The Taxes You Will (and Won't) Pay on Your Second Home

If your second home is strictly for personal use (or rented out for only a short time each year—we'll get to that later), you can deduct mortgage interest and property taxes just like you do on your primary residence.

You can't deduct the cost of repairs, utilities, or any of the normal costs associated with owning a home. Once again, this is just like your primary residence.

But what if you rent your second home to other people? The taxes you pay will depend on how often it's rented. Before we dive in, here's a quick primer on owning a second home, for the uninitiated newcomers out there. Got the info you need now? Let's get started, then!

Do you qualify for the "Master's Exemption"?

If you rent your home for 14 days or less each year, no matter how much you charge your tenants, you don't have to pay any income tax on the earnings.

This is known as "The Master's Exemption," named for homeowners in Augusta, Georgia who are often able to rent out their houses for exorbitant fees during the famed golf tournament.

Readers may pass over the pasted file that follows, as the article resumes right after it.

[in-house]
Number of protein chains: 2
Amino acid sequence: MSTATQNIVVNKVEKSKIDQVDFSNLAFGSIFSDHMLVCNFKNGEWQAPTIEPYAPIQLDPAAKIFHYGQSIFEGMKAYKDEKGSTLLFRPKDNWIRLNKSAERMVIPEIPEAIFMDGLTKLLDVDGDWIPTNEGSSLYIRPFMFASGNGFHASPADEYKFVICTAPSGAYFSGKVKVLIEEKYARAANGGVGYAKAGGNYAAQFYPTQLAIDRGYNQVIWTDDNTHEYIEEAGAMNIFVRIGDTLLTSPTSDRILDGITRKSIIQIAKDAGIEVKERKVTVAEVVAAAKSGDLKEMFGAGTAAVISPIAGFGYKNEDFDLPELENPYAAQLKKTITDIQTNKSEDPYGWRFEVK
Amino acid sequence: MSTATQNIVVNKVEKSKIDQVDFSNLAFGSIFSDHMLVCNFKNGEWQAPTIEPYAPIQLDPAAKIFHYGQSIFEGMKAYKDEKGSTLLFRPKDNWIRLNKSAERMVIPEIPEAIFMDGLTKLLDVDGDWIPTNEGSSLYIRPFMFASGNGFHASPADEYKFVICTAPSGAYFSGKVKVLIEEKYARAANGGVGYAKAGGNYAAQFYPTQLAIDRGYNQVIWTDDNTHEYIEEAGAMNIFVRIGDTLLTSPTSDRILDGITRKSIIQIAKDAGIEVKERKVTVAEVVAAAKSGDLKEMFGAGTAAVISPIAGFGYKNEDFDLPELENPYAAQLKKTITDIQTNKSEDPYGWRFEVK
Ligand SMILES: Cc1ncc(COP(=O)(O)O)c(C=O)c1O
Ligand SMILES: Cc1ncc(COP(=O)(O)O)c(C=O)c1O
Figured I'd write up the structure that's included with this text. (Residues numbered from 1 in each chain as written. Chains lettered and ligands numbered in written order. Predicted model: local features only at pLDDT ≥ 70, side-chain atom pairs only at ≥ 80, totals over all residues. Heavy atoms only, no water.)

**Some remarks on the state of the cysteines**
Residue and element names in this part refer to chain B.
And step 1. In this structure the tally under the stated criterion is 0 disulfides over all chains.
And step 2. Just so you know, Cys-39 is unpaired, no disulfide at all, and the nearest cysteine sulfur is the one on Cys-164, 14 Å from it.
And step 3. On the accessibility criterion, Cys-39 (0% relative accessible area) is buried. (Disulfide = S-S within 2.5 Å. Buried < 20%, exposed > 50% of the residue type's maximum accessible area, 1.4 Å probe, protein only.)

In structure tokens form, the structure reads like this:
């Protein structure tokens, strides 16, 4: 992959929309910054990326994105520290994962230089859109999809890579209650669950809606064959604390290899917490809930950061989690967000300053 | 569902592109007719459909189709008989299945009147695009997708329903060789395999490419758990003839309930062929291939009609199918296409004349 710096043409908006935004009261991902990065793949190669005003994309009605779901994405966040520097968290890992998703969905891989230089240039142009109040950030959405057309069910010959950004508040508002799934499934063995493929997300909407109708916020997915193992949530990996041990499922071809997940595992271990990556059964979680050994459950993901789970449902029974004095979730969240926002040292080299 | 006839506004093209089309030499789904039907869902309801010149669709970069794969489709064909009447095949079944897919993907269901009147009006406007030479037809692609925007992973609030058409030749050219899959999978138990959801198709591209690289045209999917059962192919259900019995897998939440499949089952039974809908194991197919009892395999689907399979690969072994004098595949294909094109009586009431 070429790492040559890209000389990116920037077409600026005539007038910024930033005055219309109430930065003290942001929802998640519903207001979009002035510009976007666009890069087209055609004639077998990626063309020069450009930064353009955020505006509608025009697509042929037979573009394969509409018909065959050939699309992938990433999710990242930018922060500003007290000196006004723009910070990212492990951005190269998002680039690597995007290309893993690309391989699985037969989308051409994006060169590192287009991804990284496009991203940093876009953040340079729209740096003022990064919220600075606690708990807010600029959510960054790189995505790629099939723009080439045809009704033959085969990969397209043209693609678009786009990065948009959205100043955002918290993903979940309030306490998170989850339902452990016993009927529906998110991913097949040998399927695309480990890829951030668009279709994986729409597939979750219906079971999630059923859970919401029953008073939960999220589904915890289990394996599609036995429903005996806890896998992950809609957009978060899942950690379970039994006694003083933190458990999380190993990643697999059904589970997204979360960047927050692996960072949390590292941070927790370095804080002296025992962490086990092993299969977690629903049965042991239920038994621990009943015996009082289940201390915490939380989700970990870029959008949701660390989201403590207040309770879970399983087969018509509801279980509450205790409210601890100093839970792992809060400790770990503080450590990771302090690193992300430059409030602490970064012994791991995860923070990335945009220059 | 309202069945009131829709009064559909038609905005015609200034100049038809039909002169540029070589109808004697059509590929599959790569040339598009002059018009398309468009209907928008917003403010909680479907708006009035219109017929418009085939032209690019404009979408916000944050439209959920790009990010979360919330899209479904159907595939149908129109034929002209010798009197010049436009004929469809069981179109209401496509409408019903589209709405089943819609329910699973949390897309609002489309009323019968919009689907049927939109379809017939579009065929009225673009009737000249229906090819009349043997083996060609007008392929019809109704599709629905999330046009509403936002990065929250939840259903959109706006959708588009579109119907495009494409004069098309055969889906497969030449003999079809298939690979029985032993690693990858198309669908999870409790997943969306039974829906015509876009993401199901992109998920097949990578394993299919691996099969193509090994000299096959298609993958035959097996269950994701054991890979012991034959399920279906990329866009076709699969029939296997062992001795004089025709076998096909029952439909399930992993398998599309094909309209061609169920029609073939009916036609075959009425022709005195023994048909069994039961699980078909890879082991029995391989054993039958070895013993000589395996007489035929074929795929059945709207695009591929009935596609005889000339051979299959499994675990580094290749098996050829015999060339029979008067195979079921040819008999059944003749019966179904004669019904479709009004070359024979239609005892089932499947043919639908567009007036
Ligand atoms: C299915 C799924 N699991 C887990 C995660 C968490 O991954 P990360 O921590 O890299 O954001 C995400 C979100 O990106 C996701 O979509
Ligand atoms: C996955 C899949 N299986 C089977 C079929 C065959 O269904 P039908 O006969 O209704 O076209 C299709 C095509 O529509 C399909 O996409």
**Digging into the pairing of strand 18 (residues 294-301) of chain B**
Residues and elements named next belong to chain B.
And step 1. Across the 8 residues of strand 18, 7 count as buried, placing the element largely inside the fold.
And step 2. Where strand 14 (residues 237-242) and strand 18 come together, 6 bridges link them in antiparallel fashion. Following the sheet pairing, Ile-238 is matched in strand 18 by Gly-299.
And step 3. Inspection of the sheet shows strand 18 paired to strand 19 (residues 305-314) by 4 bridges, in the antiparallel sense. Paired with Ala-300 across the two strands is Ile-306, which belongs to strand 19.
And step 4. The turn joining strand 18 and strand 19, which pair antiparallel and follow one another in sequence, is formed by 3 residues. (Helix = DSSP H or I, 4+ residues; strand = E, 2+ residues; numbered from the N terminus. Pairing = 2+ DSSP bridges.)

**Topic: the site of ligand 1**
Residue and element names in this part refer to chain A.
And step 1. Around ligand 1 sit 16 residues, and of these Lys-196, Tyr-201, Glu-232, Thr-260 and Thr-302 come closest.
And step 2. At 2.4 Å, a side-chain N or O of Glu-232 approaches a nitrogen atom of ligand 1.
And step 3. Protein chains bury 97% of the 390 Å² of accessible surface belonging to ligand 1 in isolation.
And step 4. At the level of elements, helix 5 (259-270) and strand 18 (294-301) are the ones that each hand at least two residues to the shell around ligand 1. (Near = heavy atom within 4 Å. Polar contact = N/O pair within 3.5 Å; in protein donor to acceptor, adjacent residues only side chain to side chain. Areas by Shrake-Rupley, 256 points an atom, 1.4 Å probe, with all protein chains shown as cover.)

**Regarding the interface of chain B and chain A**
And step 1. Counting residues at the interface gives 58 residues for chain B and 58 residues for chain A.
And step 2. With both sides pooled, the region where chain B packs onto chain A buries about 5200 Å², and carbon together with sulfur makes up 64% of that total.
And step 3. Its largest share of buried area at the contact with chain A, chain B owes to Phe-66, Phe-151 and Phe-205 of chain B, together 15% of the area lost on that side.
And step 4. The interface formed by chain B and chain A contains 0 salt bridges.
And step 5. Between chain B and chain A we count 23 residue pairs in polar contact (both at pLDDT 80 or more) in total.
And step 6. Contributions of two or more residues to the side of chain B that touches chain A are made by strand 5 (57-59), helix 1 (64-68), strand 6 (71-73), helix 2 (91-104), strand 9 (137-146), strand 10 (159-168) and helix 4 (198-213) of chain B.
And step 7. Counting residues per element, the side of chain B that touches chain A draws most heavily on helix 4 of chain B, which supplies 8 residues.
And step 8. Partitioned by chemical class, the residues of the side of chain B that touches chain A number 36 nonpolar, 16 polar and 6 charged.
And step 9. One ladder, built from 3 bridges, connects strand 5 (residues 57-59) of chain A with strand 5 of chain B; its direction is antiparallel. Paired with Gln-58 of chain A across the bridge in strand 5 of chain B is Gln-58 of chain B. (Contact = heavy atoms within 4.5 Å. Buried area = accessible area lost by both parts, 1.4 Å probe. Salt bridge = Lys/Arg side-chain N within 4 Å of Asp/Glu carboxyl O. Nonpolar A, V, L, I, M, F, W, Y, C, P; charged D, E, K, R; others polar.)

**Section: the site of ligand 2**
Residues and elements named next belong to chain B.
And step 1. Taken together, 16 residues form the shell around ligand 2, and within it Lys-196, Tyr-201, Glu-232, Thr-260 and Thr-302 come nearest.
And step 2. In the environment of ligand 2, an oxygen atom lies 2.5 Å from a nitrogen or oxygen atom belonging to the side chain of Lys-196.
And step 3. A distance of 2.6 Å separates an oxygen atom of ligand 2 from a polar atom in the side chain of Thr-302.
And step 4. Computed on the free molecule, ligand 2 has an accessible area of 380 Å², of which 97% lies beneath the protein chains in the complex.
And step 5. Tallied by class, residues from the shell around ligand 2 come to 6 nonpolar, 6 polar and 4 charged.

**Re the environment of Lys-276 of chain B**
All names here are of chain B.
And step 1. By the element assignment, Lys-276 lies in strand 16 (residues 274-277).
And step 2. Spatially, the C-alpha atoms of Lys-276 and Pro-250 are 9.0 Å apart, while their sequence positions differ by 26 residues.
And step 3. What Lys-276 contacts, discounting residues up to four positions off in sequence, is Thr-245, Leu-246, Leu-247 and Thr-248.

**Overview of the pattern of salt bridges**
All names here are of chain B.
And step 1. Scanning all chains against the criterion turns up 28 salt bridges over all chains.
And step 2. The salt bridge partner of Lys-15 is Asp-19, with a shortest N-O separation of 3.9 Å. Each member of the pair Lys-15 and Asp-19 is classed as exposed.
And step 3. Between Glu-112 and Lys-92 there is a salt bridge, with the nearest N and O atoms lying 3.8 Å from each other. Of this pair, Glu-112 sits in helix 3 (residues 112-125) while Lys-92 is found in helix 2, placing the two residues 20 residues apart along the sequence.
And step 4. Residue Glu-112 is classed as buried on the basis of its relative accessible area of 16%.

You can't deduct any rental expenses, like insurance or utilities, because the house is still treated as one for personal use.

What if I rent out my home for more than two weeks per year?

If you rent your house for more than 14 days out of the year and stay there less than 14 days or less than 10 percent of the days it was rented, it will be treated as an investment property at tax time.

You can deduct expenses associated with renting, often including insurance, repairs, fees paid to property managers, advertising fees, and commissions (which you can offer to a current renter who finds you another one).

Do you live far away from your second home? You may even be able to deduct travel expenses, especially if you're doing work on the home yourself.

Additional tax-deductible expenses on your second home you may not have considered

Speaking of DIY projects, if you're staying in your second home strictly to get some work done, it may not count against your 14 personal days. Just make sure to keep all your receipts, and provide evidence that you did the work yourself.

You can also deduct losses and a portion of depreciation on your rental property each year, unlike your personal residence.

When it comes to deductions on a second home—or, honestly, any deductions—the most important thing is scrupulous record keeping and strict adherence to the rules. Saving a few pennies isn't worth risking large fines or criminal charges later.

Make sure you consult with a qualified tax professional before deciding what to deduct.